Wasp Macros

Some more photographs of our mystery bee-wasp, which I think will clinch its species. The puzzle only really begins there however.

Here from the back, it’s difficult to distinguish Hasdrubal from a honeybee. With her deep brown abdomen you can only just make out the wasp markings. Lookit her little stinger! You can hardly see that with the naked eye. Which is perhaps as well considering how much I had to handle her.

BeeWaspBack

Sorry about the soft focus incidentally, this was really pushing the Note’s 8Mpx camera to its limits. Though I have to admit it’s not technically impossible to take sharp close-up pictures with it, merely humanly difficult. Depth of field becomes negligible while shake is amplified.

From the front it’s a different story, there’s zero doubt that this is a wasp. The face is absolutely typical. As are the antennae and slender legs.

And, incidentally, the hair. In my mind wasps are as smooth as spray-painted steel, but this research has shown me that they’re really quite fuzzy. I guess it’s the (normal) black-and-yellow markings; nature’s alarm signal makes you oblivious to a wasp’s cuddlier aspects. Or at least keeps you too far away.

We also see where H.R. Giger got a lot of his inspiration. Brr.

BeeWaspFront

What species of wasp though? Thanks to Bruce Ruston of Blue Platypi Photography who sent a link to this great wasp ID chart, I’m almost certain that Hasdrubal is a common wasp. She has the distinctive “anchor” on her face. The only other variety that looks a lot like this is the red wasp, but its thorax markings are quite different – as we see in the shot below.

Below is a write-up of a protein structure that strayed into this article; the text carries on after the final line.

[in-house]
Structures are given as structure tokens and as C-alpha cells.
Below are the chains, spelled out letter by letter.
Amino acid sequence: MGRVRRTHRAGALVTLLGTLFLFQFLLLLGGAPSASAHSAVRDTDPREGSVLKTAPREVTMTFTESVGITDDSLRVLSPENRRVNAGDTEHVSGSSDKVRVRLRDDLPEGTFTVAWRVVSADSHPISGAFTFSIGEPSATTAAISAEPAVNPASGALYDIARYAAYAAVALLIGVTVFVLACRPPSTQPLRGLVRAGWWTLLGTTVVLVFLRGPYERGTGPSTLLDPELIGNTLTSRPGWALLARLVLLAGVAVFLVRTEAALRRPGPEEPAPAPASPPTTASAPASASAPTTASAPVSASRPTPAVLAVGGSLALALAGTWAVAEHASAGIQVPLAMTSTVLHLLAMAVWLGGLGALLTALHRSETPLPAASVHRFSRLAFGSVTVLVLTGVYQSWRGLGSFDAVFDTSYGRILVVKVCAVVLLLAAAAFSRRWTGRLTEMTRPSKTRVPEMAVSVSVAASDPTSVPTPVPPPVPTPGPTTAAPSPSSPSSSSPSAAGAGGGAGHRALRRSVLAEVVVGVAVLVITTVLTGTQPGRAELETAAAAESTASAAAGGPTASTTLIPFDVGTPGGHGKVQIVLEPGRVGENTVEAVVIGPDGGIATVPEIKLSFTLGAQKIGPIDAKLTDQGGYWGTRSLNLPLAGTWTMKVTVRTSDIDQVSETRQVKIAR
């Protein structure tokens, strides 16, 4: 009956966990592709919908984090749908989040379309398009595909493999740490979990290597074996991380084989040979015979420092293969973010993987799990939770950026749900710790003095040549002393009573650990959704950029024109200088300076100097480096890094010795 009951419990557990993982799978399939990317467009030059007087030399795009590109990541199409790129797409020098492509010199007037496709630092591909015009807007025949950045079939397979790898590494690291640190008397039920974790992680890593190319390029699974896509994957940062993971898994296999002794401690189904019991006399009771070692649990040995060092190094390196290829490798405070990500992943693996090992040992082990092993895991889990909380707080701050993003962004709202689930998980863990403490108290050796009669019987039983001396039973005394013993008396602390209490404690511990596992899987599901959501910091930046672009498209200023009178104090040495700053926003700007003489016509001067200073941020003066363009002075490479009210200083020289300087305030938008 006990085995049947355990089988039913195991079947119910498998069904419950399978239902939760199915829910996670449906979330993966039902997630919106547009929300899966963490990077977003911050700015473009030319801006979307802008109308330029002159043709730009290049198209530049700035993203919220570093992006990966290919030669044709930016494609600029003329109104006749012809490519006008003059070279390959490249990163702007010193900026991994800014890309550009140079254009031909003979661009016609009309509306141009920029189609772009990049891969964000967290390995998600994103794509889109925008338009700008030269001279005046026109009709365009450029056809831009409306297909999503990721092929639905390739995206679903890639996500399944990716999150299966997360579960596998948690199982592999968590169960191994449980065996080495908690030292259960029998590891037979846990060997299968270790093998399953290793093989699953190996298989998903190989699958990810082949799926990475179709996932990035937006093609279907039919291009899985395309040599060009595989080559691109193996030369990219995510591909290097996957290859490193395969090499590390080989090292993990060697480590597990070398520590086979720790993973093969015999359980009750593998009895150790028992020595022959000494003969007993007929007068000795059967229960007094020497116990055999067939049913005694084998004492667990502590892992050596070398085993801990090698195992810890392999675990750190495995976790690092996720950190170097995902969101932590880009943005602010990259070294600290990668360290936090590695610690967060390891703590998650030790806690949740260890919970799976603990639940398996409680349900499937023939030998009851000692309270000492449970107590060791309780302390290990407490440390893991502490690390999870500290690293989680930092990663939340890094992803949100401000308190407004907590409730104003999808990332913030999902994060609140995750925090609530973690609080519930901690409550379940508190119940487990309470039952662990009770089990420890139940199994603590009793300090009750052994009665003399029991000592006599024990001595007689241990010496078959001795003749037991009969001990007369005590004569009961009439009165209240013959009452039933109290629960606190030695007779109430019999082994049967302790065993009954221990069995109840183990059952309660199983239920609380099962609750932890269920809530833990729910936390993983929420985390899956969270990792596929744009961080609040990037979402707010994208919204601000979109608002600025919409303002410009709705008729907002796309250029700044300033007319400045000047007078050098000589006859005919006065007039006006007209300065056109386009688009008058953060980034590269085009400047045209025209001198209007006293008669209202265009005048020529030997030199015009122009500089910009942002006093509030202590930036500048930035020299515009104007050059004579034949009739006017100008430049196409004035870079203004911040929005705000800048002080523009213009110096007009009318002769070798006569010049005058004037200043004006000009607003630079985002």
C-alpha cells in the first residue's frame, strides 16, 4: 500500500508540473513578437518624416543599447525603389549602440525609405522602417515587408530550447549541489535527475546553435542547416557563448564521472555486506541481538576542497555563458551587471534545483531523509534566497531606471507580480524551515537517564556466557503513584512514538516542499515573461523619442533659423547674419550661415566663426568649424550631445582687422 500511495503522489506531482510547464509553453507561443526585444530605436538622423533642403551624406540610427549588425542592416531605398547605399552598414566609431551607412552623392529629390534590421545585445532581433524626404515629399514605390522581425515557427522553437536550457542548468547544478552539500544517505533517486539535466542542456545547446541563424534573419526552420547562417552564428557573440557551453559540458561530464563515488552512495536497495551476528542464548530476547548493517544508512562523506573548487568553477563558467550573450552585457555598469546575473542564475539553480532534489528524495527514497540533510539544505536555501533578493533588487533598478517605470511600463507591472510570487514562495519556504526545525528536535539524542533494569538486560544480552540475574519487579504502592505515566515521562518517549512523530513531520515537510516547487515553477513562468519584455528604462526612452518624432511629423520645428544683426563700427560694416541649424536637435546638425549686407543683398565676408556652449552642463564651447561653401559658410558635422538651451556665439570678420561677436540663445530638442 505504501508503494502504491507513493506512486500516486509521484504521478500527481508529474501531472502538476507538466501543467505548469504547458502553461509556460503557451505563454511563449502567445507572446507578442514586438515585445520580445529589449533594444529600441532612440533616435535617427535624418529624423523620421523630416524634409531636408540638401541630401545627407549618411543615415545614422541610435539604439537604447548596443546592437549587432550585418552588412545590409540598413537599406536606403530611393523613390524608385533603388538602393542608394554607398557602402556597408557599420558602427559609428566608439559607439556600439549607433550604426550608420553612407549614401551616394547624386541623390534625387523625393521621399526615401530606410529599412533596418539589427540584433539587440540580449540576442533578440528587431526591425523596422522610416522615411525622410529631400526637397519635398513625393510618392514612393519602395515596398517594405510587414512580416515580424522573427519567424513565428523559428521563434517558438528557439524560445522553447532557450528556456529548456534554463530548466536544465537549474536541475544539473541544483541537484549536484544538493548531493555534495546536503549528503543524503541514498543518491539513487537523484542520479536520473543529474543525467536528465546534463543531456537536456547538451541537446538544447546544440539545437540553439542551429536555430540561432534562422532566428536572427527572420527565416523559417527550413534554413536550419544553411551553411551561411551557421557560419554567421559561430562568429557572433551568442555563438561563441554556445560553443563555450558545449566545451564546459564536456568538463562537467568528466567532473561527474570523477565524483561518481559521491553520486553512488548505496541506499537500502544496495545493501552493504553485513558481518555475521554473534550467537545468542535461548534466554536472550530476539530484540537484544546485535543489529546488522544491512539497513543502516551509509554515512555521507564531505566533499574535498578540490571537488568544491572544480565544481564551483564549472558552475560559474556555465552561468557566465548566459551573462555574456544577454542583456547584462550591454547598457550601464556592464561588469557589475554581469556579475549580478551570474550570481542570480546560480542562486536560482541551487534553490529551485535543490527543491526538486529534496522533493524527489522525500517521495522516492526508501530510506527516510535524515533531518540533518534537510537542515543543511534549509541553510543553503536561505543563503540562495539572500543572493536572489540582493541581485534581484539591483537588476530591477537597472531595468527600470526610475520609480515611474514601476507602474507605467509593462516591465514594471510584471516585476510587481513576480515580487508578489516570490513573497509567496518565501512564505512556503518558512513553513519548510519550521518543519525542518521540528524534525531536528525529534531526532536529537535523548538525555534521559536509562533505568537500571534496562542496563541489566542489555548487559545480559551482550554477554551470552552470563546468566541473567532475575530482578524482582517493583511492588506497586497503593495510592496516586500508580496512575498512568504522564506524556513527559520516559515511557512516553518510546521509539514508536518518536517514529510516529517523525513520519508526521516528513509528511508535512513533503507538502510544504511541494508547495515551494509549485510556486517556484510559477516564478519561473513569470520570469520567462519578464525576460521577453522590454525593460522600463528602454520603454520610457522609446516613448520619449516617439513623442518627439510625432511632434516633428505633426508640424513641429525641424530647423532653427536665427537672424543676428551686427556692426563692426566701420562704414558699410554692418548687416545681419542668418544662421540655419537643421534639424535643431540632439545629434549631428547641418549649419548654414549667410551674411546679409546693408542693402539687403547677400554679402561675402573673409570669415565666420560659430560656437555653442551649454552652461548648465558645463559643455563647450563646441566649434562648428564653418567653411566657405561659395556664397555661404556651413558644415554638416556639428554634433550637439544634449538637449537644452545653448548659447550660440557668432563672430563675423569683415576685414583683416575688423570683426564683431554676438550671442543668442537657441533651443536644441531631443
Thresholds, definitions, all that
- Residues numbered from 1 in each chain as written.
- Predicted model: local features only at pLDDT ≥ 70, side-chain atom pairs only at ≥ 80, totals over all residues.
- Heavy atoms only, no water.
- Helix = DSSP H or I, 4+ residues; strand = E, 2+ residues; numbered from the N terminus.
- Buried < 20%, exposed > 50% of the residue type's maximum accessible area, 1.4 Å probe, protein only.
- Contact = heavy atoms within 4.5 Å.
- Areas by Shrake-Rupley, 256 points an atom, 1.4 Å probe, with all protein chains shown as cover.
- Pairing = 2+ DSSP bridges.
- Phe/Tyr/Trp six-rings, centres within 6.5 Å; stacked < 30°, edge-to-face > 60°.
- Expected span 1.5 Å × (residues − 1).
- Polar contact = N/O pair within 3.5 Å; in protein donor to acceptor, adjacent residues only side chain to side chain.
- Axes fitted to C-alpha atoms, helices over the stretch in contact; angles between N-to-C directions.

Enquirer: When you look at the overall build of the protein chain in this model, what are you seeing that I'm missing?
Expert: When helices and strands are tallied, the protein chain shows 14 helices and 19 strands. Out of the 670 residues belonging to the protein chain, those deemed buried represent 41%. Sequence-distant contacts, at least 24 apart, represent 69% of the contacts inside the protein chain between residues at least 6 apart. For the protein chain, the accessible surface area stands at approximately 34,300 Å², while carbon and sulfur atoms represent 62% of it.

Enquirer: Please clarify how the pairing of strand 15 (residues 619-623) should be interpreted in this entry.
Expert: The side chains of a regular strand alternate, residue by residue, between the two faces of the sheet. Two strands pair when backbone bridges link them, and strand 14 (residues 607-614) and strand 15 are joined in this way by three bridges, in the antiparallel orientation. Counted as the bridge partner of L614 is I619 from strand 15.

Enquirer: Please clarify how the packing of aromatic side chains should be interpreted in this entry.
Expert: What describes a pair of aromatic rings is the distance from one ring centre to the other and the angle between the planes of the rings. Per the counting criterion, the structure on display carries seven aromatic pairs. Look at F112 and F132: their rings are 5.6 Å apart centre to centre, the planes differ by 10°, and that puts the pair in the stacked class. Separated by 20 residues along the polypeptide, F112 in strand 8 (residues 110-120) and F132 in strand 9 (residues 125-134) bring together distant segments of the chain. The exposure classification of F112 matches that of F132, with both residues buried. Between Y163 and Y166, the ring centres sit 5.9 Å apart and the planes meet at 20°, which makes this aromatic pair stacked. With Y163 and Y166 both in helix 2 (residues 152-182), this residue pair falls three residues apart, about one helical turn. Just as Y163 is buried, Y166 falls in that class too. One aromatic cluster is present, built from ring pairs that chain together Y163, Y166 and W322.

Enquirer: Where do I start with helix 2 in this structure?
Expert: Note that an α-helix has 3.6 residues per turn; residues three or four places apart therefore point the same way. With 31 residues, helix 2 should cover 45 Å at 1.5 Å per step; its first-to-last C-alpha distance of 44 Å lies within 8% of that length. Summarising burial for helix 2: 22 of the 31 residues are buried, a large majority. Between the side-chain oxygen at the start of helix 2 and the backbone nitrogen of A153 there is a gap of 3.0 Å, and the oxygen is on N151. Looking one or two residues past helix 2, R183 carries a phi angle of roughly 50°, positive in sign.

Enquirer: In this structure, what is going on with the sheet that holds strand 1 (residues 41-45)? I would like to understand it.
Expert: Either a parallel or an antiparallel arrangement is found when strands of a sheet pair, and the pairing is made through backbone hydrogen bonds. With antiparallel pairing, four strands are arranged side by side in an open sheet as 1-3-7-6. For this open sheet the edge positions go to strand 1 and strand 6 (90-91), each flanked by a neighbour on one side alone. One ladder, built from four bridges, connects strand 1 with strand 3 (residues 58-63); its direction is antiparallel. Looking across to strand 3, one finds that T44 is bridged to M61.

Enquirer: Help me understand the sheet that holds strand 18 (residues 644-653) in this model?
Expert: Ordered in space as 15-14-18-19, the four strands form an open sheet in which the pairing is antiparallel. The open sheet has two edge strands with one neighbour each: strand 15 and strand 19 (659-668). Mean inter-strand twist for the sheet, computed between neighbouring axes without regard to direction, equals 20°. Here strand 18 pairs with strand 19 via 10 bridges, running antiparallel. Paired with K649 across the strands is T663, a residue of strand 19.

BeeWaspBack2

So Hasdrubal is almost certainly a common wasp – except she’s simply the wrong colour. The question then is whether this falls within the normal variation of the species, or if she’s some sort of freaky mutant.

That it’s possible to get tolerably sharp macro shots with this camera is demonstrated by this final one, in which I thought to ask Hasdrubal herself what sort of hymenoptera she is.

BeeWaspMacro

Bee-Coloured Wasp

Any entomologists in? I came across a curious thing. The rest of you, don’t scroll down if close-up pictures of stingy insects disturb you. Or indeed offend you – it is naked after all. And dead. I really wouldn’t look.

OK now the wusses are gone, what do you think is going on here? It’s a wasp, coloured like a bee. Definitely vespine in its shape and features, with the pronounced segmentation and aggressive I-am-nature’s-attack-helicopter angles. But instead of the usual biohazard yellow it has the warm goldie-browns of a honeybee.

Well, makes a change from all the cartoons you see of bees coloured like wasps.

I don’t have a camera for macro photographs, but got surprisingly good results with the phone. The problems were holding it steady and getting the background right. In the end I put it in a glass jug; this gave me something to rest the phone on and allowed me to shoot over different surfaces. As the phone compensates to keep an average brightness, the creature looks a lot brighter when shot against a dark background. (I could’ve tried different camera apps that allow you to meter light more precisely, but this was quicker.) In the first one here therefore it actually looks a lot more yellow than it really is, and so more like an ordinary wasp. But it brings out the detail well.

Hasrubal The Bee-Coloured Wasp